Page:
Alaska is amazing, in case you were wondering. There are mountains everywhere and it’s absolutely breathtaking. I am fighting the urge to take a zillion and two pictures of every scenic view (and kind of succeeding).
I’m not going to take this blog post to explain everything that happened in training or in our first round of day camp. I’m not going to list off all the adorable things my campers did, or the irritating things, or the wacky things. I’m not going to relay all of our training in all its social justice- and empowerment-centered glory. I’m no going to talk (more) about the mountains.
It wouldn’t be worth it for you. These experiences lose power every time they are moved down the line of communication. They wouldn’t mean as much to you… plus I don’t want to type for that long.
I will give you a little glimpse of what I’ve learned, though.
Here’s the short list of lessons from Alaska:
- Overstimulation is fun until it’s scary.
- There’s almost never darkness in Alaska. This means it’s hard to sleep, but it also mean the sunsets are super late and amazing.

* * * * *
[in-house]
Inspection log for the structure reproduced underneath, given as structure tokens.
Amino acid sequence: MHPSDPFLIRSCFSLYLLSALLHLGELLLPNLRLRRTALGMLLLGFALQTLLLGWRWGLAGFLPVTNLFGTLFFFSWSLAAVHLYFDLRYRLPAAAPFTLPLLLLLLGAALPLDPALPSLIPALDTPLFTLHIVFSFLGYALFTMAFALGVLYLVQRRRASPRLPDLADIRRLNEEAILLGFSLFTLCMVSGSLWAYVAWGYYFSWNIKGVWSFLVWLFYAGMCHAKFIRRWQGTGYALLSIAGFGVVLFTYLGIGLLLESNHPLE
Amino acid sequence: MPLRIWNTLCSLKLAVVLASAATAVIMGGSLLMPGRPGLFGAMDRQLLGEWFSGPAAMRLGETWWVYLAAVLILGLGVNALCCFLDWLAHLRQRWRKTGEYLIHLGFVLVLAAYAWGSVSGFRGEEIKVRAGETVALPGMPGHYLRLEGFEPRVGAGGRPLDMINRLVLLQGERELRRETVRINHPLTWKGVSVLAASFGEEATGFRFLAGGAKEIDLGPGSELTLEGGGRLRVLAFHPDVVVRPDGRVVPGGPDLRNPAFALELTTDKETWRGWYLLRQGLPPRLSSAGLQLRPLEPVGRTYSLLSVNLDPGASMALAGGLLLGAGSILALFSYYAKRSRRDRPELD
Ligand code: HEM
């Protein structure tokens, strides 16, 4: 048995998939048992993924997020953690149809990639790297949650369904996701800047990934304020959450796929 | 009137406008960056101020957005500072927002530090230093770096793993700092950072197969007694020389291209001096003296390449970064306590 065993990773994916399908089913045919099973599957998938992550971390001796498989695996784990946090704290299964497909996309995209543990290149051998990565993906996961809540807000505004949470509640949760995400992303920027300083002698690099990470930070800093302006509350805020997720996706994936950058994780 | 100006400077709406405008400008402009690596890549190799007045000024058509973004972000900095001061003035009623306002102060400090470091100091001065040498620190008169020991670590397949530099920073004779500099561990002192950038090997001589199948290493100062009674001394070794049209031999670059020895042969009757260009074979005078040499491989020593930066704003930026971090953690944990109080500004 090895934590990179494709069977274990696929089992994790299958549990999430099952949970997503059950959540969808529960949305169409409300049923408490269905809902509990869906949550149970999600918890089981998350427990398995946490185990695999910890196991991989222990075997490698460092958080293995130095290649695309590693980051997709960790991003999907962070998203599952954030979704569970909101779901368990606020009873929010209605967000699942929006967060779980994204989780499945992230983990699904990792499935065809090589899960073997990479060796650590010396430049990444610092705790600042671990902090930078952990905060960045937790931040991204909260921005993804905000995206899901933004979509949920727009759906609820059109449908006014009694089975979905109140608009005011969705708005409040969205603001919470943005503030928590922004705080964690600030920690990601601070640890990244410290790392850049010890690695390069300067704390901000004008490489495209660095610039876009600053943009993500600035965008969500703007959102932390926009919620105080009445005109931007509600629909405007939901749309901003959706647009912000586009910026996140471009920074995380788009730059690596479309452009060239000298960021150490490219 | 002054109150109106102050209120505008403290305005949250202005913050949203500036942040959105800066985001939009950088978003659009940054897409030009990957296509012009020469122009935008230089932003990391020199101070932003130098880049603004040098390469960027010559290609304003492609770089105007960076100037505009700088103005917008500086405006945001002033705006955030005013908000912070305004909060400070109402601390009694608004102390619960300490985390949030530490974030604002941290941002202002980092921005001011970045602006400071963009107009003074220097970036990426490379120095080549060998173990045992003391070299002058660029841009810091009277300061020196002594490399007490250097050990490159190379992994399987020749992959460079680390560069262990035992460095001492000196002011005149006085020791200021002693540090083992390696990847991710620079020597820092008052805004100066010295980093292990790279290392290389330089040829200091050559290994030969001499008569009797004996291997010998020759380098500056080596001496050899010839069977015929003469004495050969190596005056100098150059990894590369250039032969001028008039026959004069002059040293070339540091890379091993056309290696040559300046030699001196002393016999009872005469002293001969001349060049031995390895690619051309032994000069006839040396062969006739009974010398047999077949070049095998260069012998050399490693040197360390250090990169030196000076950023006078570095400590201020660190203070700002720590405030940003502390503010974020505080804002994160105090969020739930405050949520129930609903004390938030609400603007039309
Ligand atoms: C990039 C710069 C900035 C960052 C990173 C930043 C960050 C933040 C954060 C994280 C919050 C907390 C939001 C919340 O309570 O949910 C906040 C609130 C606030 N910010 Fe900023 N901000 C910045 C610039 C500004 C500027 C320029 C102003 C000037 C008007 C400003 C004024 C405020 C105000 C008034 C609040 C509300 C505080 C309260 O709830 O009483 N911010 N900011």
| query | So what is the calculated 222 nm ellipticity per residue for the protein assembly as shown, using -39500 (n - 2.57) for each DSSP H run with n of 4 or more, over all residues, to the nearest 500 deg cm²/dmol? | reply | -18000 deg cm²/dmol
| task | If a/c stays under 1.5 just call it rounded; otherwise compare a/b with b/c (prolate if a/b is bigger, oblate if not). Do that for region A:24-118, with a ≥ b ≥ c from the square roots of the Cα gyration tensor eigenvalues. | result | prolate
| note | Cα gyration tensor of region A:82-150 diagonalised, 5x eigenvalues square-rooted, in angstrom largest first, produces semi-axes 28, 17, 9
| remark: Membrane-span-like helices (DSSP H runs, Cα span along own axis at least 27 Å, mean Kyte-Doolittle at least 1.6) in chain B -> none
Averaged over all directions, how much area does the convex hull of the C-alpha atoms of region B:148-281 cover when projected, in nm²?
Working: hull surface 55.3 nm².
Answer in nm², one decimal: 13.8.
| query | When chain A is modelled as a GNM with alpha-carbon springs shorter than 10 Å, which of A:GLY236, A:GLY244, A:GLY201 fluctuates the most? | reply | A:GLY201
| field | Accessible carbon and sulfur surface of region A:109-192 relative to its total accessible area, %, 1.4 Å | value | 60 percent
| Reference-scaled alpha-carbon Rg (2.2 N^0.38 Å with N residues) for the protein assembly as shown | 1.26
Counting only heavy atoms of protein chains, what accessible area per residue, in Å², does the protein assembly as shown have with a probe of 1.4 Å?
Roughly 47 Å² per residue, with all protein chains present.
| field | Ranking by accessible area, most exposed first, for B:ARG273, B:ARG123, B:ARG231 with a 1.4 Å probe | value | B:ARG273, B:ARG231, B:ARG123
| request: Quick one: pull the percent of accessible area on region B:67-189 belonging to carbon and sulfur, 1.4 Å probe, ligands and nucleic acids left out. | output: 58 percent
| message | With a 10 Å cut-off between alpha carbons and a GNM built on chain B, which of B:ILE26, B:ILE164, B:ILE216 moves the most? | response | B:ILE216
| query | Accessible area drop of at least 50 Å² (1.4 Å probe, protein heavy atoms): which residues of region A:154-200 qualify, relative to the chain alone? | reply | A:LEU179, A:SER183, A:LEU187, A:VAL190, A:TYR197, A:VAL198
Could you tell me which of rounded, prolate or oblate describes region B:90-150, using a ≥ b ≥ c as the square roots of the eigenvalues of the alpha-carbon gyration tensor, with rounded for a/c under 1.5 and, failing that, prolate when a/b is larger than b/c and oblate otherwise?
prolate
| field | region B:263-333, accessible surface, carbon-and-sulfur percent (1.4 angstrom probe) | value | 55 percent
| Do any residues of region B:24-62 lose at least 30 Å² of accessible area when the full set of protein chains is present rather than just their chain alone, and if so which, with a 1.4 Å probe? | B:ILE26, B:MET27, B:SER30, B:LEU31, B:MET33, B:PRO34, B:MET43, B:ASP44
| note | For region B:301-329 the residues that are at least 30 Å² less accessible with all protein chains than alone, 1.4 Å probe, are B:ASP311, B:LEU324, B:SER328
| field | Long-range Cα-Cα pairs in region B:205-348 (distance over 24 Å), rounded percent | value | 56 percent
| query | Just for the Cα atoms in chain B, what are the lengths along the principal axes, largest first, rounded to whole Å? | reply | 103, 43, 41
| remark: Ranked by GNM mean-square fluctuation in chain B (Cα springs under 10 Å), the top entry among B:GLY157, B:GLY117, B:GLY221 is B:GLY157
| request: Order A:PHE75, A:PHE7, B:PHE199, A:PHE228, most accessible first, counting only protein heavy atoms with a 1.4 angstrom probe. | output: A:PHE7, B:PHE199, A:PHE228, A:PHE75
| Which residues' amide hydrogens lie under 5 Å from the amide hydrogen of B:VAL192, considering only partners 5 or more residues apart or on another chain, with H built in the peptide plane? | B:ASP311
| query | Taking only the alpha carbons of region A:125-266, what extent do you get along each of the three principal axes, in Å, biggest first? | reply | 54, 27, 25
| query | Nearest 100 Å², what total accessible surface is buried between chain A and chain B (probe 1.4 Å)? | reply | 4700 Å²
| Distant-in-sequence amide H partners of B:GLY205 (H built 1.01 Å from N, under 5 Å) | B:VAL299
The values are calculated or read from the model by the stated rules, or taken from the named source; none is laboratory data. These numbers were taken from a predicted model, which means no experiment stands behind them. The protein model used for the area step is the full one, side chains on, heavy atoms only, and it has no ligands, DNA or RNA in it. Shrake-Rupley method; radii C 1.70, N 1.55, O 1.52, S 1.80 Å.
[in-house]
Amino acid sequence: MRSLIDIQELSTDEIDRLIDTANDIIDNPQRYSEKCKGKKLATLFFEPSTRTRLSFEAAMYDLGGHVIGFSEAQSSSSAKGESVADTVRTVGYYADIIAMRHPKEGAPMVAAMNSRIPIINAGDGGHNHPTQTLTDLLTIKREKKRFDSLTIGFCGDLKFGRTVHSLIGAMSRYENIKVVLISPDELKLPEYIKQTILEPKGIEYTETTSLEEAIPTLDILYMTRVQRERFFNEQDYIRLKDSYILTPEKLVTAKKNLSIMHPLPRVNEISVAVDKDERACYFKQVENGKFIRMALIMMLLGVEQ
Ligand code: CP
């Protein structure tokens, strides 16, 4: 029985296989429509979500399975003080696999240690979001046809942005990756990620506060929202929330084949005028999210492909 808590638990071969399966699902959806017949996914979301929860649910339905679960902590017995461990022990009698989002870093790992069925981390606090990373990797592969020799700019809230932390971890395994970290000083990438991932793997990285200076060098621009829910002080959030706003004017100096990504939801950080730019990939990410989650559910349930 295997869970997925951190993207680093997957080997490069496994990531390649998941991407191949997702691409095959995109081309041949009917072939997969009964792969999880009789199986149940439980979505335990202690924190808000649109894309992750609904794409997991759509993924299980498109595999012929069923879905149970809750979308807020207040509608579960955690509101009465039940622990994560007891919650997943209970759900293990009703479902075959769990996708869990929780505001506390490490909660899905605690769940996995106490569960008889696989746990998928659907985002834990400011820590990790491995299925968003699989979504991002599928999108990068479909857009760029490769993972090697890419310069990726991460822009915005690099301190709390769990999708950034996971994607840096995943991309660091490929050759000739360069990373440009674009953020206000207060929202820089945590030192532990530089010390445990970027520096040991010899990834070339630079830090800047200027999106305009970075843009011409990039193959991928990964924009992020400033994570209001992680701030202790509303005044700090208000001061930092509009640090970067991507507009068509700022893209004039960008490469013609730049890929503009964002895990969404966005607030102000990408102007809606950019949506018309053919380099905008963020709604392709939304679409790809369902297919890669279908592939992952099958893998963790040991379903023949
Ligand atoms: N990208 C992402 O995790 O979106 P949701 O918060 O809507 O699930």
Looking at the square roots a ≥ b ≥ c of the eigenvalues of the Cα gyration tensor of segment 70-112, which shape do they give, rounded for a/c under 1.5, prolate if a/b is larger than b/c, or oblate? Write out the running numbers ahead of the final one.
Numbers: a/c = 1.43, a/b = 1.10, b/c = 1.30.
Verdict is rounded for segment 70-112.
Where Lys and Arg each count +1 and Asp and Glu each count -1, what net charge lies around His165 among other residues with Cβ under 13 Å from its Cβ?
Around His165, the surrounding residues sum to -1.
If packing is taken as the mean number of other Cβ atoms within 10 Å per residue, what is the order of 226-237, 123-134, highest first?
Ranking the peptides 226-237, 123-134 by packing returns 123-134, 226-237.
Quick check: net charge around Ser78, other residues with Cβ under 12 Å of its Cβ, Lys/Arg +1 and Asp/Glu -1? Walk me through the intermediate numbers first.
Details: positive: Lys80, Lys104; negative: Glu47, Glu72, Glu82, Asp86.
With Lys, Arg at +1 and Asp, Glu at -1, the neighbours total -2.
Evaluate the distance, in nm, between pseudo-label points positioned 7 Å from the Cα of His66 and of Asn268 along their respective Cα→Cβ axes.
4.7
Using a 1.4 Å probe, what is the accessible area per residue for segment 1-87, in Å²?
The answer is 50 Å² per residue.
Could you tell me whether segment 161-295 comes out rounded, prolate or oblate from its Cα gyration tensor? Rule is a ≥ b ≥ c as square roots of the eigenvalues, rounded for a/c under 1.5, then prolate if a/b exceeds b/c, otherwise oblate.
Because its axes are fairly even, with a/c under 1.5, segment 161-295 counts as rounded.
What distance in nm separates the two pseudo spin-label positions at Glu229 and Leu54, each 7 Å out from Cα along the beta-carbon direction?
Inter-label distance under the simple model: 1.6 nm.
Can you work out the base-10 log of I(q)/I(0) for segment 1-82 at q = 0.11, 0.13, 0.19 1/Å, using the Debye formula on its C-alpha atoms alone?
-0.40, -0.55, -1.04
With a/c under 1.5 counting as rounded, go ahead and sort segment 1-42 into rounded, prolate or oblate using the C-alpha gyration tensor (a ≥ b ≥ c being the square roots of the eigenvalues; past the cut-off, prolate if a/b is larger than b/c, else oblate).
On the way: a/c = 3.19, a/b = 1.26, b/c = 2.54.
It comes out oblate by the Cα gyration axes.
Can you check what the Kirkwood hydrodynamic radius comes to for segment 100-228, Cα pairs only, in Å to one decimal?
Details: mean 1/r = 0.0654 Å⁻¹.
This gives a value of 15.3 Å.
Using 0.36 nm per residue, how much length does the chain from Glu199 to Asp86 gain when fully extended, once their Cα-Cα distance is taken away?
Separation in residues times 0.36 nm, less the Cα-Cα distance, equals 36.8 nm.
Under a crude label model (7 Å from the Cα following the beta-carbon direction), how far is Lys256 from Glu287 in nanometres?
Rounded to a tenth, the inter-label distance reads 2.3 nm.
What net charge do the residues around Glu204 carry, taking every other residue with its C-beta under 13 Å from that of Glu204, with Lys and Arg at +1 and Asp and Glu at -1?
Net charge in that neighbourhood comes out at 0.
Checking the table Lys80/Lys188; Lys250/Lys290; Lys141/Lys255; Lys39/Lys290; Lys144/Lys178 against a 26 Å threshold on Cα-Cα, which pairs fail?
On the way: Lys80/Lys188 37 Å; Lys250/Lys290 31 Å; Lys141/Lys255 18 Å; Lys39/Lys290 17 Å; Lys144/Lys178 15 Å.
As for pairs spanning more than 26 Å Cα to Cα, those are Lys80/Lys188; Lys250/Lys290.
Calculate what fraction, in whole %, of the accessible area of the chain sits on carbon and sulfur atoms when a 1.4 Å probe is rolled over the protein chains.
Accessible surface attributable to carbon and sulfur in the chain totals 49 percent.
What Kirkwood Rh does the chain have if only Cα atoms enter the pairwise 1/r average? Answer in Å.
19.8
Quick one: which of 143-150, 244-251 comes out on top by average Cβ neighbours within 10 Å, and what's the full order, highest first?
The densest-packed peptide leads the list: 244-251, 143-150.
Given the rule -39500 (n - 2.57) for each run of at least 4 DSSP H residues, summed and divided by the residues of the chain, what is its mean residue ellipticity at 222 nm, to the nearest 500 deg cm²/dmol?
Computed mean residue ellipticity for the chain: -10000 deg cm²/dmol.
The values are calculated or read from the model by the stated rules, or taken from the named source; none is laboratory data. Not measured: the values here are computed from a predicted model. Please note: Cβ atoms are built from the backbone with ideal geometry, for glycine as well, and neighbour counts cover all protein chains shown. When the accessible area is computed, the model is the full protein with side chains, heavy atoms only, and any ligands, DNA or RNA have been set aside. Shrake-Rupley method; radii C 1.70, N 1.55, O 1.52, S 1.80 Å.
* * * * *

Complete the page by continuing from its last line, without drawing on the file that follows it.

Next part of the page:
- It isn’t ever actually hard to sleep when you’re a counselor. Sleep is the greatest.
- You will never know mental exhaustion like being a camp counselor.
- You will also never know a sense of accomplishment like being a camp counselor. Seeing your 6- and 7-year-old campers brave their fears and go boating or swipe away spider webs is such an amazing feeling.
- Friendship bracelets are armor.
- True voice. True voice. True voice.
- Alaska has monster mosquitos.
- Going off the grid is great.
- Always wear a watch.
- People are always stronger than you think they are.
I want to write more and share everything about camp with you, oh Internet, but I need to go to bed. Breakfast before 8:00 a.m. means I need to go to bed while I can.
It’s amazing here, y’all. It’s a hard job, but it’s one of the most rewarding things I have ever done. I cannot wait for this wonderful place to teach me even more.
This summer of Jaybird is magic.